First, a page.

o Composed of scales, translucent scales, and when you look through them at first they just give you a distorted view of the world, but if you put them on, a blackness bleeds into each individual scale and eventually across your entire vision and then you see the world transformed.
o Are the glasses bendable but not breakable, or not bendable at all? Probably bendable—if it is a creature.
o The frames give off a kind of heat—they almost pulse when you put them on; by contrast, the lenses are cold/freezing.
o The smell? What do they smell like?
o Each scale has an oil quality, like a gradation of colors—the sheen of oil in water.
• After meeting with Duncan, Janice tries to break the glasses but they won’t break and she doesn’t throw them away because if she can’t break them it doesn’t matter where they are.
• They transform into something else, even temporarily. A creature.
• “Actually, they have become a kind of talisman—they are here on the desk as I write, although I never put them on. I don’t think I need them anymore to see what Duncan sees.”
• Janice: “Eye glasses mean something very different to me than to most people. I do not wear them myself and I still find myself flinching when I see them on someone else—before wondering what they might see.”
• With the glasses she sees a spy mushroom in the eye of a dead dog.
• I took off the glasses. “I don’t want to know this, this horrible thing. Why should I.”
 “No matter what you do,” I said. “No matter how much you publish, no matter what you do, you’re going to die, aren’t you? It won’t save you.”
 He laughed even though his eyes weren’t and gave me a grin that showed his teeth.
 He said, and it sent a shiver through me, made me complicit, made me grin too, he said, “There may be a way.”
 There may be a way. For weeks I have thought about this. For weeks and months I have wondered what he exactly meant, although of course I knew what he meant—I just didn’t know if it could be true. It would all rely on a fundamental, intrinsic belief in everything he had ever shown me.
• When she first sees the Spore of the Gray Cap, it lives up to its reputation/name—coated in fungus no one else can see.
• Dead body, but eyes alive and watching.
• Even flies are spies.
• The glasses are a living creature that scuttles away crab-like at one point.
• When Janice puts on the glasses, she sees strange words and symbols written on the walls, and realizes that, in a sense, the city has never completely fallen out of their hands.
• Also, she sees the pulled apart mushroom dweller symbol over and over again in various modes.
• A blueprint of a city over a city.
• If she had worn them at night, it would have been even more terrifying for it shows the world in black-and-white.
• Sabon: “She was drunk. After a party. She thought the glasses were a trick, a joke. She didn’t realize…I was drunk, too.”
• Strange accumulations of fungus, invisible to the naked eye.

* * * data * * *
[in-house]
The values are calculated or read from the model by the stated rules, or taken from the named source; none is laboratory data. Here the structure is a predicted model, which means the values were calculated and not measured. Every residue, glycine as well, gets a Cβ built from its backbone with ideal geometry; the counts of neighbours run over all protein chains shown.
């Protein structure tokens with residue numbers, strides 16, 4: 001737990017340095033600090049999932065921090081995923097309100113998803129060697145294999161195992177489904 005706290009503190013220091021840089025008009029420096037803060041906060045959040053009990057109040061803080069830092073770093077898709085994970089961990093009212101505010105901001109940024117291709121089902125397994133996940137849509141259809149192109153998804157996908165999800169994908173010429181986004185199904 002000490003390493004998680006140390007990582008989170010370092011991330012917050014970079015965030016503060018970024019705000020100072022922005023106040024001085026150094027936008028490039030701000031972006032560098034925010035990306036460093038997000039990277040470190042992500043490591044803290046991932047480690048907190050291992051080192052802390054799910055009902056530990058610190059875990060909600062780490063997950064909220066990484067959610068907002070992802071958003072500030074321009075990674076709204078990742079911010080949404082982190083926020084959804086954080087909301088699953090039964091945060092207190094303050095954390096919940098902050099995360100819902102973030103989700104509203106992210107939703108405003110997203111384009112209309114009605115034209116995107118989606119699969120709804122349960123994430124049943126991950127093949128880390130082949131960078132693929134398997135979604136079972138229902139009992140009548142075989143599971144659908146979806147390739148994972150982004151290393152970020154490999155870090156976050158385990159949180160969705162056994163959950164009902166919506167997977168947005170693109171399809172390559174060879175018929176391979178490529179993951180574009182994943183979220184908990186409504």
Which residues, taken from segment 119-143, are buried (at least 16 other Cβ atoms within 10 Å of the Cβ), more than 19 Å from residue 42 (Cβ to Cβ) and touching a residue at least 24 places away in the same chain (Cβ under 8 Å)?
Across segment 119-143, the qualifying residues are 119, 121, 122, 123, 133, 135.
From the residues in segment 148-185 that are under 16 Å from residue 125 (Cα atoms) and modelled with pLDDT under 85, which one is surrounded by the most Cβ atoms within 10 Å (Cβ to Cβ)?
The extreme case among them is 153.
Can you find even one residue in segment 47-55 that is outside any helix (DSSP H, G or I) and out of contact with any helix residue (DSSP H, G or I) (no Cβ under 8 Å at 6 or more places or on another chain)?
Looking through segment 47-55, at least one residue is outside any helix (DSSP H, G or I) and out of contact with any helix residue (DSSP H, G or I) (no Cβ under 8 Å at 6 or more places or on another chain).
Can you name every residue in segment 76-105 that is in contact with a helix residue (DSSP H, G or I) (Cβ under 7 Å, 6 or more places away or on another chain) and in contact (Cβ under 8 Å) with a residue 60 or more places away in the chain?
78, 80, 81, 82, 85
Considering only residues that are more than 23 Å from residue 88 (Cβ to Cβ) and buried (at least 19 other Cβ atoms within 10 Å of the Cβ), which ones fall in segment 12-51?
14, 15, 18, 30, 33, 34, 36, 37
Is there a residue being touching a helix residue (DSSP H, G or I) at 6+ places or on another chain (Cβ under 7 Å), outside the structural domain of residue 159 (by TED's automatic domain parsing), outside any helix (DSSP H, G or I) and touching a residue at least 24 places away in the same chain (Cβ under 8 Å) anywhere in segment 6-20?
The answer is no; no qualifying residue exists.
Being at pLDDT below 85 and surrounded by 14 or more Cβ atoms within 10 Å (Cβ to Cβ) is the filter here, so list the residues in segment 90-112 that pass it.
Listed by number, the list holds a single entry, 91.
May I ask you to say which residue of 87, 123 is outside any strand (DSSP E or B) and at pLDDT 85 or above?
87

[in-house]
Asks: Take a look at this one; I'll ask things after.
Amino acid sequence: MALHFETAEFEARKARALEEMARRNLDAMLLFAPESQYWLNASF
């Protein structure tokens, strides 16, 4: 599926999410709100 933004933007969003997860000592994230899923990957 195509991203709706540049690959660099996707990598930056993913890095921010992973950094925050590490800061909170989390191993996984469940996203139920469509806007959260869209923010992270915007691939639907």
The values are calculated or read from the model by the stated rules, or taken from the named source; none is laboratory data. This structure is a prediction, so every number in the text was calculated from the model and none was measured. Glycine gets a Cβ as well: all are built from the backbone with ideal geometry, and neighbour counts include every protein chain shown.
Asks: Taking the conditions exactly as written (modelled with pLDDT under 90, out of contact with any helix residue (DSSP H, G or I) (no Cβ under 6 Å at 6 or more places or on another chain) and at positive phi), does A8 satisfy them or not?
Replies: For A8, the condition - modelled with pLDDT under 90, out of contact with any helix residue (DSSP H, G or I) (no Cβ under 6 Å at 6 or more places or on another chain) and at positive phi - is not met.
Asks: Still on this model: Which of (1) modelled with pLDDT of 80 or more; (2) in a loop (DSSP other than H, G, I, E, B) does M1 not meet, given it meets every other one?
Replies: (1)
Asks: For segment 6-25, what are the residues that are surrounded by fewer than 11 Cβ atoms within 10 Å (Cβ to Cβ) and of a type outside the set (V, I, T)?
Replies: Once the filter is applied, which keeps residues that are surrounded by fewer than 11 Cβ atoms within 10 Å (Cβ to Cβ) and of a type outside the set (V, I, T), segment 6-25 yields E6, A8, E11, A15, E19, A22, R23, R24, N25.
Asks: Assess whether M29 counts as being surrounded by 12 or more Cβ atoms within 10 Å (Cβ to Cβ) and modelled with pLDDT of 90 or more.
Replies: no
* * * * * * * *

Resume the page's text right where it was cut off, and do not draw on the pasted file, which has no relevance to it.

• “You don’t understand—if they wanted to, they could kill us all. In a day. Without a thought.”
• Smell of breath—food, etc., on it.
• Describe voices as machines.
• (No—it’s like a kaleidoscope, only by the end it makes sense. You can see through it.)
• The black mushrooms.
• A gray cap is there. It takes his hand and leads him off.
• The Senses:
 Seed pods, genetic seeds, DNA (Simak’s “Destiny Doll”).
 Rods (colors) + cones (black-and-white) = sight.
 B+W is more sensitive than color.
 Less resolution from the side.
 Decoding from brain—can process it whatever way you want.
 To the organism.
 Key in the on the filth—what does the garbage mean?
 Aroma sensors would turn it all into a visual color.
 Directionality/source of smell.
 Colors associated with smells.
 Squid change color.
 Sickness.
 Seeing sickness.
 Genome projects.
 Genetically-programmed.
 Bacteria.
 Link genes.
 Signs plus shades.
 Metaphysical.
 Breadth of vision (tunes out a lot of information).
 “Eyes” by Ellison.


• Shouldn’t The Afterword contain extensive discussion of E.H.?
• Reappearance after many years of his books (list them) in hideously-edited form and with different titles. (He sent me a postcard once that read: “One hates to think of Shriek, struggling to express himself as his beloved Sabon struggles to snuff him out.”)
• Lacond (unless Lacond is Shriek or he takes over Lacond’s name upon the man’s death?) and Sabon always upstaged him, but this pamphlet, through the largesse of a friend, was a chance for him to redress the imbalance. (Bad turn of phrase. As bad as turning an ankle.)
• Janice asserts that the Early History represents Duncan’s attempts to reveal as much as possible, but in a way that is acceptable to the public.
• Shriek says she cannot recall some of the descriptions of the underground that Duncan quotes as being in the Journal of Samuel Tonsure—another copy, or substituted his own experiences.
• Does not divulge that Sirin was a good friend, or that Lacond and Sabon could properly be called rivals. (Although some theorized that both were pen names for a certain D. Shriek.)
• Sirin’s fake history: Derivations of a …
• Sirin, says Janice, wants to take credit for everything.
• Definitive History of Ambergris by Sirin—one of his fake histories.


• I understand the reasons for Mary’s comments about Duncan. I understand that the glittering necklace of conversation surrounded a neck, a head, filled with maggots. Filled with images that do not mesh, that cannot be comprehended, and which makes it impossible for Sabon to accept any of Duncan’s theories—she has found her own personal history. She has written her own history.
• In other words, every text has been an attempt to remake the world so that it doesn’t include what she saw below ground—and that includes editing out any reference to that world in Duncan’s books: give examples of her edits!! Thus, she has proven Duncan’s theory. That is what I’d like to say to her when she is surrounded by her glittering necklace. That she embodies Duncan’s theories as much as they can be embodied in rough flesh. That experience must reveal something. Maybe that is the climax—what happens when he leads her down there!!